What is type 1 diabetes?
Type 1 diabetes is most commonly diagnosed in children and adolescents, but can occur in adults as well. It is an autoimmune disorder, in which the body's own immune system attacks the beta cells in the Islets of Langerhans of the pancreas, destroying them or damaging them sufficiently to reduce insulin production. The autoimmune attack may be triggered by reaction to an infection, for example by one of the viruses of the Coxsackie virus family. A subtype of Type 1
(identifiable by the presence of antibodies against beta cells) develops slowly and so is often confused with Type 2. In addition, a small proportion of Type 1 cases has the hereditary maturity onset diabetes of the young (MODY).
Some poisons (e.g., a type of rat poison) work by selectively destroying certain types of cells, including pancreatic beta cells, thus producing 'artificial' Type 1 diabetes. Other pancreatic problems including trauma or tumor (either malignant or benign) can also lead to loss of insulin production and Type 1. Currently, Type 1 is treated with insulin injections, lifestyle adjustments, and careful monitoring of blood glucose levels using blood test kits. The treatment must be continued indefinitely. Experimental replacement of beta cells (by transplant) is being investigated in several research programs and may become clinically available in future.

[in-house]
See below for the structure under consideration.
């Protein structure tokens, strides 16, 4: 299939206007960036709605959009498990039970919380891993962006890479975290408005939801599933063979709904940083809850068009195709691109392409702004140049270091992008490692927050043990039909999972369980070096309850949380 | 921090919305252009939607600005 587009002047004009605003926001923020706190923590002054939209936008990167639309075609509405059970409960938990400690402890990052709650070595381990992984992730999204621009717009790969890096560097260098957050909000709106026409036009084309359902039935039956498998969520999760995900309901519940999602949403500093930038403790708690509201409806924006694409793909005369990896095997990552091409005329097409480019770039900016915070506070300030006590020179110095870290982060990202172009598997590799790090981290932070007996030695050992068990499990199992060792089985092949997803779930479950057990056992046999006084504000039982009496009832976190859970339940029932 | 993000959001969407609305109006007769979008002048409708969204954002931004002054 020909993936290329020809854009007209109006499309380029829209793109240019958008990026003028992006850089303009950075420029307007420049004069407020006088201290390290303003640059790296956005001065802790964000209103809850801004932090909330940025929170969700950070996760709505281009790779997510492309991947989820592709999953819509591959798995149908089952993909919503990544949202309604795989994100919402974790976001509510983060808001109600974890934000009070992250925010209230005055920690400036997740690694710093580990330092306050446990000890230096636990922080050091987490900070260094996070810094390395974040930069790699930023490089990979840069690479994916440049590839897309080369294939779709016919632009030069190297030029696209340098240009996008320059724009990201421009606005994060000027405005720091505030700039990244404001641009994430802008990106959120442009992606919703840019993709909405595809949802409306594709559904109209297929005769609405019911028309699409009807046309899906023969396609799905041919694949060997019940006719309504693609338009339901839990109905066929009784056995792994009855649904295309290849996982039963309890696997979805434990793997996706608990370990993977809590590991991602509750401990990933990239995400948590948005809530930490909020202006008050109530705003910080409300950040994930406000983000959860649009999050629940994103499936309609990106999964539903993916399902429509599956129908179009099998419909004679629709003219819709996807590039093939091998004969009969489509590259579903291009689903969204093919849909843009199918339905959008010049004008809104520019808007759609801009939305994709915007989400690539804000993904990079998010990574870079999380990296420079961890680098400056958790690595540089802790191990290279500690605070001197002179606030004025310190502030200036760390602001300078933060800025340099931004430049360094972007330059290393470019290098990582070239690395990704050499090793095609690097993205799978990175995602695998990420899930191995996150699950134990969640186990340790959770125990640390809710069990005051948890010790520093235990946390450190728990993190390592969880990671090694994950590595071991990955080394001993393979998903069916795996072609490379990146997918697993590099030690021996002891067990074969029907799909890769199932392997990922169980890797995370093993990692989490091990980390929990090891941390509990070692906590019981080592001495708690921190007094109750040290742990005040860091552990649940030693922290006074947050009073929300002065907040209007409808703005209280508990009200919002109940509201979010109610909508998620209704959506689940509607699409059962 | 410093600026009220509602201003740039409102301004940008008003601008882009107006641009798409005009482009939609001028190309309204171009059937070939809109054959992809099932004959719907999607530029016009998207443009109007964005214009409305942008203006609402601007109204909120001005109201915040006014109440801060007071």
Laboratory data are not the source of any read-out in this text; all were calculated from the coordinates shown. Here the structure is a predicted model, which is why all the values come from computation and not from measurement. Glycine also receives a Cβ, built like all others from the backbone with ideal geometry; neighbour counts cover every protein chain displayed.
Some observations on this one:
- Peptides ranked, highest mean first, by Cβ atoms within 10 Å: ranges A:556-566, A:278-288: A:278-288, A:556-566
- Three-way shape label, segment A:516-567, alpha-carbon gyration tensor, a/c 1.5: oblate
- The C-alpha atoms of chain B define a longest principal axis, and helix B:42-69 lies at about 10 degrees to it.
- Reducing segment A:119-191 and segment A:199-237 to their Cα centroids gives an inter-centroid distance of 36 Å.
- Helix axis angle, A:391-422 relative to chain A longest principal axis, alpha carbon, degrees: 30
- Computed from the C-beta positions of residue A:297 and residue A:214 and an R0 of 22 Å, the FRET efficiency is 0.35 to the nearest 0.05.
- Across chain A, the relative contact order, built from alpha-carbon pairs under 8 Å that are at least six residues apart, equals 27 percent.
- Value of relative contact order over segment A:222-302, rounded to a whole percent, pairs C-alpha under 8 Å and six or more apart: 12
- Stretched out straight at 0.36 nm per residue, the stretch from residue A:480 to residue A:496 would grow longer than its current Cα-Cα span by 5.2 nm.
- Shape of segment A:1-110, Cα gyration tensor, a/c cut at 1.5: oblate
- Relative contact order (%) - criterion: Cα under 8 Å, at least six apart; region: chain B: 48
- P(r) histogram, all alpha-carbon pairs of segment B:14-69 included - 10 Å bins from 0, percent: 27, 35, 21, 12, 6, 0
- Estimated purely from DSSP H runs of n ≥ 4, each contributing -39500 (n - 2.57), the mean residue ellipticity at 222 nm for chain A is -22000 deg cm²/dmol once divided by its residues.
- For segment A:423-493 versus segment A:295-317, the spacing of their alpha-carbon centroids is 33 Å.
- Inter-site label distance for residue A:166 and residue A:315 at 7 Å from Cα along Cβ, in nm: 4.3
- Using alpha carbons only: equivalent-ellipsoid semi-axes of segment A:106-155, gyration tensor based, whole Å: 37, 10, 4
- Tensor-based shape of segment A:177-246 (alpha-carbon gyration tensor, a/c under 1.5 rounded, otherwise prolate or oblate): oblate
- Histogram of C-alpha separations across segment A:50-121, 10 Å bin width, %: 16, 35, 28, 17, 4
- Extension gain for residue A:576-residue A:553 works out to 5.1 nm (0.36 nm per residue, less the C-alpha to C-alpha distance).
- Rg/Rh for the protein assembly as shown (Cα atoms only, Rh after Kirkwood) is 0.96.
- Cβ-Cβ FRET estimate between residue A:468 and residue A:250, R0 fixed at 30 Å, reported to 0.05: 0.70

About 5-10% of all North American cases of diabetes are Type 1 diabetics. The fraction of Type 1 diabetics in other parts of the world differs; this is likely due to both differences in the rate of Type 1 and differences in the rate of other Types, most prominently Type 2. Most of this difference is not currently understood. Formerly, Type 1 diabetes was called "childhood" or "juvenile" diabetes or "insulin dependent" diabetes. Each term is a misnomer, most especially since the obesity epidemic in recent years has led to increased incidence of Type 2 diabetes in children and adolescents and insulin is used in some Type 2 cases.
It is believed that the tendency to develop these abnormal antibodies in type 1 diabetes is, in part, genetically inherited, though the details are not fully understood. (Exposure to certain viral infections (mumps and Coxsackie viruses) or other environmental toxins may serve to trigger abnormal antibody responses that cause damage to the pancreas cells where insulin is made. These antibodies can be measured, and may help determine which individuals are at risk for developing type 1 diabetes. At present, the American Diabetes Association does not recommend general screening, though screening of high risk individuals, such as those with a first degree relative (sibling or parent) with type 1 diabetes should be encouraged. Type 1 diabetes tends to occur in young, lean individuals, usually before 30 years of age, however, older patients do present with this form of diabetes on occasion. This subgroup is referred to as latent autoimmune diabetes in adults (LADA). LADA is a slow, progressive form of type 1 diabetes. Only approximately 10% of the patients with diabetes mellitus have type 1 diabetes and the remaining 90% have type 2 diabetes mellitus.